Catalogue

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Women, dissent and anti-slavery in Britain and America, 1790-1865 [electronic resource] /
edited by Elizabeth J. Clapp and Julie Roy Jeffrey.
imprint
Oxford ; New York : Oxford University Press, 2011.
description
x, 214 p. ; 25 cm.
ISBN
0199585482, 9780199585489
format(s)
Book
More Details
imprint
Oxford ; New York : Oxford University Press, 2011.
isbn
0199585482
9780199585489
restrictions
Licensed for access by U. of T. users.
catalogue key
8553868
 
Includes bibliographical references (p. [197]-207) and index.
A Look Inside
Reviews
Review Quotes
"[A] useful collection of eight essays [that]...provide important information and raise new questions. Taken as a whole, the volume offers concrete proof of the importance of further explorations of Puritan and Protestant dissent in Anglo-American female antislavery efforts." --TheEighteenth-Century Intelligencer
makes a major contribution to both anti-slavery and womens studies
This is an enjoyable and authoritative book ... It is therefore recommended to anyone who wishes to explore the role of religious women and religious cultures in the anti-slavery campaigns of the eighteenth and nineteenth centuries, and makes an effective contribution.
To find out how to look for other reviews, please see our guides to finding book reviews in the Sciences or Social Sciences and Humanities.
Summaries
Long Description
As historians have gradually come to recognize, the involvement of women was central to the anti-slavery cause in both Britain and the United States. Like their male counterparts, women abolitionists did not all speak with one voice. Among the major differences between women were their religious affiliations, an aspect of their commitment that has not been studied in detail. Yet it is clear that the desire to live out and practice their religious beliefs inspired many of the womenwho participated in anti-slavery activities in the late eighteenth and early nineteenth centuries. This book examines the part that the traditions, practices, and beliefs of English Protestant dissent and the American Puritan and evangelical traditions played in women's anti-slavery activism. Focusing particularly on Baptist, Congregational, Presbyterian and Unitarian women, the essays in this volume move from accounts of individual women's participation in the movement as printers and writers, to assessments of the negotiations and the occasional conflicts between different denominationalgroups and their anti-slavery impulses. Together the essays in this volume explore how the tradition of English Protestant Dissent shaped the American abolitionist movement, and the various ways in which women belonging to the different denominations on both sides of the Atlantic drew on theirreligious beliefs to influence the direction of their anti-slavery movements. The collection provides a nuanced understanding of why these women felt compelled to fight for the end of slavery in their respective countries.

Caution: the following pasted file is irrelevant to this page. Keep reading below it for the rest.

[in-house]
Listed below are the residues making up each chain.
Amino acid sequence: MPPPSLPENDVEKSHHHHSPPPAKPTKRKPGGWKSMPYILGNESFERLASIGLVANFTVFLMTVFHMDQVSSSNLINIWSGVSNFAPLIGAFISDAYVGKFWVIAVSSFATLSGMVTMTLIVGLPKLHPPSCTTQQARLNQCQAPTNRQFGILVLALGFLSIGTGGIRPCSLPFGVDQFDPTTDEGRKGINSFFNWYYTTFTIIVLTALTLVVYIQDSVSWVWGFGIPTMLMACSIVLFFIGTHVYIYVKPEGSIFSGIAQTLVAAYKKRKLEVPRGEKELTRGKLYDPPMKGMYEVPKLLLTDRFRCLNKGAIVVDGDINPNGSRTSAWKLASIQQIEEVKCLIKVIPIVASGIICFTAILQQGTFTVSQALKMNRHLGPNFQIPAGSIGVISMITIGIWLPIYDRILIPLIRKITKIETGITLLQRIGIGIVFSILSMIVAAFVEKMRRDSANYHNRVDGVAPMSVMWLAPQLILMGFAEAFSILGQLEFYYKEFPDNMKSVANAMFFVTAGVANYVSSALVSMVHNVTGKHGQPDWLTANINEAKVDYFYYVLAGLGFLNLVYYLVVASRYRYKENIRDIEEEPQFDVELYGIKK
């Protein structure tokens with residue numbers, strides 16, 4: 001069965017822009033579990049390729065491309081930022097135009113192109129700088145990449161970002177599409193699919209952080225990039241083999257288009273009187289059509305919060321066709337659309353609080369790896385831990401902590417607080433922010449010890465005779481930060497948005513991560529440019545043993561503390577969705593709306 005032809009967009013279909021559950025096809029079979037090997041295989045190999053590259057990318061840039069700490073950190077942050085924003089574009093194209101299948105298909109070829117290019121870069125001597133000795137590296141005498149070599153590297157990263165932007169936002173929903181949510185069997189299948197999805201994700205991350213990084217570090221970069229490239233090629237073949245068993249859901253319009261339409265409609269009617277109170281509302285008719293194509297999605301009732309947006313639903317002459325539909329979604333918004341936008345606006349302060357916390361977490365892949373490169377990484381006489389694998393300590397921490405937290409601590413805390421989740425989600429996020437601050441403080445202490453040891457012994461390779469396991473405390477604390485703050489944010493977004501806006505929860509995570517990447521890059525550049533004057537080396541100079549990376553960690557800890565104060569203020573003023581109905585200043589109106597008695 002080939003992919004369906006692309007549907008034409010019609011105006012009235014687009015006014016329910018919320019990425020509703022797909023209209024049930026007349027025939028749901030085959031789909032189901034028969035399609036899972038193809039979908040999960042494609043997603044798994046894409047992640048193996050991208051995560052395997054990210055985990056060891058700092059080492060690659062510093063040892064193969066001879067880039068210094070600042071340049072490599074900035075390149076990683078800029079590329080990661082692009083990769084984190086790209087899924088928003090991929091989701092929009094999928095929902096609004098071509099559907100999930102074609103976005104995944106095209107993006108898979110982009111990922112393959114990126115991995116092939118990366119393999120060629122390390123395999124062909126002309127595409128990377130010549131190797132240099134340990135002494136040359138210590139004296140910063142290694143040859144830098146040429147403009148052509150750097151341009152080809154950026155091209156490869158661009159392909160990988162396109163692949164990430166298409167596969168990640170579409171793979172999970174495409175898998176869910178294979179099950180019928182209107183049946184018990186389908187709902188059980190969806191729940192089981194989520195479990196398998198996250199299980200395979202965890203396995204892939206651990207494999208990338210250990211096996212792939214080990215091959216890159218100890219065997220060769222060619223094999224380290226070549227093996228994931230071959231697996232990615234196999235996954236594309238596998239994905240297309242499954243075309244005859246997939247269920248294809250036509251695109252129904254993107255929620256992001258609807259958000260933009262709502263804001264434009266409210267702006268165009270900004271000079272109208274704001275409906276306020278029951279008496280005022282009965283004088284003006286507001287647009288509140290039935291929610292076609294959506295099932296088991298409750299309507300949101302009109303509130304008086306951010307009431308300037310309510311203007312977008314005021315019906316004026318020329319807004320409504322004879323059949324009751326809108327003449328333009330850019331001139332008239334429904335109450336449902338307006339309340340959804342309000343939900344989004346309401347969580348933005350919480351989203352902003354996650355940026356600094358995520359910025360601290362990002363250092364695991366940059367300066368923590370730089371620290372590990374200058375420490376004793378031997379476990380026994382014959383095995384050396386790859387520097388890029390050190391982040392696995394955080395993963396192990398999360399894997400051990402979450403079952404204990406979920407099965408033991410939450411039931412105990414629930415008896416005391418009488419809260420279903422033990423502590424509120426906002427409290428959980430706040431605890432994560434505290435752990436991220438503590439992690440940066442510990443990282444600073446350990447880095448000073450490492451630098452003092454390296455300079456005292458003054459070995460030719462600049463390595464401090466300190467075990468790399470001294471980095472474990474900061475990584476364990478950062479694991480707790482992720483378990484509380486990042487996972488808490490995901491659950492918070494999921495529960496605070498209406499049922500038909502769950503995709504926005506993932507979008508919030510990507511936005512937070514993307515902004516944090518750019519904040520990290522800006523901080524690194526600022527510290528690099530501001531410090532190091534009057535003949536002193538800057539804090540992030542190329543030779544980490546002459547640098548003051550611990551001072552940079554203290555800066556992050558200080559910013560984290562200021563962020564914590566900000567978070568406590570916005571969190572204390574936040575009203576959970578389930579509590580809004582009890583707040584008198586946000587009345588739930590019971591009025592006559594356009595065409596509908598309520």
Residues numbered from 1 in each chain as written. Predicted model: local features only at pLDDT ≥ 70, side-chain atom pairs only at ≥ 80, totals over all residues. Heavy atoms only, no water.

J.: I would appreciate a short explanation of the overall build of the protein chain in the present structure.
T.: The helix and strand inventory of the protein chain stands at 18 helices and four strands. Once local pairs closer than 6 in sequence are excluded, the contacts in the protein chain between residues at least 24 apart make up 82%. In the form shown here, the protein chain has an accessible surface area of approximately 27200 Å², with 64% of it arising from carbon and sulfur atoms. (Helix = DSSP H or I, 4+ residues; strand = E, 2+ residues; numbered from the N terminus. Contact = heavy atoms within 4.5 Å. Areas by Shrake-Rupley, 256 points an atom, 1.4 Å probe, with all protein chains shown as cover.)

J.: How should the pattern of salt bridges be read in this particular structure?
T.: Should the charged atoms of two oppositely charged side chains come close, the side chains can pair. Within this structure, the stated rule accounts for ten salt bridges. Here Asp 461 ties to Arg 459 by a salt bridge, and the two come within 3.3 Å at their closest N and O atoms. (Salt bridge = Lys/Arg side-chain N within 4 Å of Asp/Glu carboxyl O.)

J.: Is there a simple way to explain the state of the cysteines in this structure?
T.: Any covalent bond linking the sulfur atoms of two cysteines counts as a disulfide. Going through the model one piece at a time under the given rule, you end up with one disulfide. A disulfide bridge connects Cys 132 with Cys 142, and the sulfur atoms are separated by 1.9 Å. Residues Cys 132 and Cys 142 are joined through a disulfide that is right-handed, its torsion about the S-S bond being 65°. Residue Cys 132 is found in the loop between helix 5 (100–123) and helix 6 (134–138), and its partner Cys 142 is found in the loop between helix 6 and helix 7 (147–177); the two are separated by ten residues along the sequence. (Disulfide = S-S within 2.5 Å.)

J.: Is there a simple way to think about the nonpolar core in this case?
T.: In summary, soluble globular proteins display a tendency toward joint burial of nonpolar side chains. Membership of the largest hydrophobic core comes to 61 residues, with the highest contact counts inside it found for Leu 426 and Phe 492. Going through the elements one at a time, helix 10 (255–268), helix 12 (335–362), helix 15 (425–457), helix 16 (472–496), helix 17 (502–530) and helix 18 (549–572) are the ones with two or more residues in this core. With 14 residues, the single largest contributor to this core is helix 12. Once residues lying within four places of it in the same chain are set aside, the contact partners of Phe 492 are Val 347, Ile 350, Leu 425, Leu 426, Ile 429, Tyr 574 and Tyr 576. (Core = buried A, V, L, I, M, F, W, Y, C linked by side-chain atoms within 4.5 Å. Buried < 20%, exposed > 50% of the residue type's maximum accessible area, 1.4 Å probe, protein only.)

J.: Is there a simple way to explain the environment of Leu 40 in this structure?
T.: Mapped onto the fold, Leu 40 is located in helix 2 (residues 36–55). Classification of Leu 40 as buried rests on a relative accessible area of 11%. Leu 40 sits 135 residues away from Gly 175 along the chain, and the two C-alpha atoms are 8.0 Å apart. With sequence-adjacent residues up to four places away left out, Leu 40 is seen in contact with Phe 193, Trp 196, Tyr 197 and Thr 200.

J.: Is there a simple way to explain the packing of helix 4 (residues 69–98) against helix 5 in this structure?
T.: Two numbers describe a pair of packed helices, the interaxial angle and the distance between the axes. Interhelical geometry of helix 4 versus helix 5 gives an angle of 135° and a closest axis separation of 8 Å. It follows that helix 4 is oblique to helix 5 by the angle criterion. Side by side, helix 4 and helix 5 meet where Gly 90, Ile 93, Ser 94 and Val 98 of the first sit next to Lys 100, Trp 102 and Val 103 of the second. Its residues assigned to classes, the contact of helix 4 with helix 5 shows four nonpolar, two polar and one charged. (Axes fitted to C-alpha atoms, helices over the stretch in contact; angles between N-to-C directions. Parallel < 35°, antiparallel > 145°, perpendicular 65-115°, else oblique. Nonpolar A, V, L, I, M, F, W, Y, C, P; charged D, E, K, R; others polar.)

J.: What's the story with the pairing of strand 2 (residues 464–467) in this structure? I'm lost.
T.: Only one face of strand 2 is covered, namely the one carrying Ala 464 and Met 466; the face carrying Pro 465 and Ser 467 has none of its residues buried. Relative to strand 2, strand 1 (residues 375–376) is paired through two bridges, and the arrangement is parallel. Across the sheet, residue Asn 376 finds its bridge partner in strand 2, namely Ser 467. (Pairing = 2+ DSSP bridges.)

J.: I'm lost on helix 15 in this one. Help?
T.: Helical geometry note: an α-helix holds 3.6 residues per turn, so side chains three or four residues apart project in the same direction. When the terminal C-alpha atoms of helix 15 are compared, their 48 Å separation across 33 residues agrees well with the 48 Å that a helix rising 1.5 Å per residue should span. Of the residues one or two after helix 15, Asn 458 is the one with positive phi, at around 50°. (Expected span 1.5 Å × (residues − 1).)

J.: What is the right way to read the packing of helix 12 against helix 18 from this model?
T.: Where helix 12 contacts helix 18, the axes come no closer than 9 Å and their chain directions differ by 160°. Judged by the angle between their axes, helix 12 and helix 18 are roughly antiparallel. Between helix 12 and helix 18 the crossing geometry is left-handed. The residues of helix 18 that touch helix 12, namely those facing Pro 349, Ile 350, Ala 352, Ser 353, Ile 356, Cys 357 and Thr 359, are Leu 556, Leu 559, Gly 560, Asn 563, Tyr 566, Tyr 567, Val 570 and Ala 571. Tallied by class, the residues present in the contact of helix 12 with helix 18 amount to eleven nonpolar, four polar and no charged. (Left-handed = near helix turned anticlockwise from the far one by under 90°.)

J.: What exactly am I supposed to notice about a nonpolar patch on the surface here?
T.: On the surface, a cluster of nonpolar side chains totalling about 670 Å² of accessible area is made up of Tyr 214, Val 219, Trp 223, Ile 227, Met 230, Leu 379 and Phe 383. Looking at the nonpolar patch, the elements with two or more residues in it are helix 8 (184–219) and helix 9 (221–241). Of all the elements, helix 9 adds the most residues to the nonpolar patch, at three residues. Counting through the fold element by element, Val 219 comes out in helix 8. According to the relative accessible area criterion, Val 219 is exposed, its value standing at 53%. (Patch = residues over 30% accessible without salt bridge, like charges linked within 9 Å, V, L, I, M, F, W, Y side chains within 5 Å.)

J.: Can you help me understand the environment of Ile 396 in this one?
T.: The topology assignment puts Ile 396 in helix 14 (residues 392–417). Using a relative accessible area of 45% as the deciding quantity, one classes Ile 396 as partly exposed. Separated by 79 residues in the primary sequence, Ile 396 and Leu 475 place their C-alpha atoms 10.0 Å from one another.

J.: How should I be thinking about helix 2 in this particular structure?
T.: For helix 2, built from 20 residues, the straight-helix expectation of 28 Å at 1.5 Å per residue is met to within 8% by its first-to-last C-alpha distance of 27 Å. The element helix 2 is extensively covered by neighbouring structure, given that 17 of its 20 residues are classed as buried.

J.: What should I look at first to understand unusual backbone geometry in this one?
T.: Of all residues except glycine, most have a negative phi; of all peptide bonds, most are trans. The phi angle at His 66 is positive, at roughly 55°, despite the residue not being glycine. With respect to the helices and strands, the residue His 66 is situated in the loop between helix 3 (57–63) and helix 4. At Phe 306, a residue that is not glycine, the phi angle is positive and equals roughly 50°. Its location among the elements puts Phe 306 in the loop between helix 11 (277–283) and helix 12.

Main Description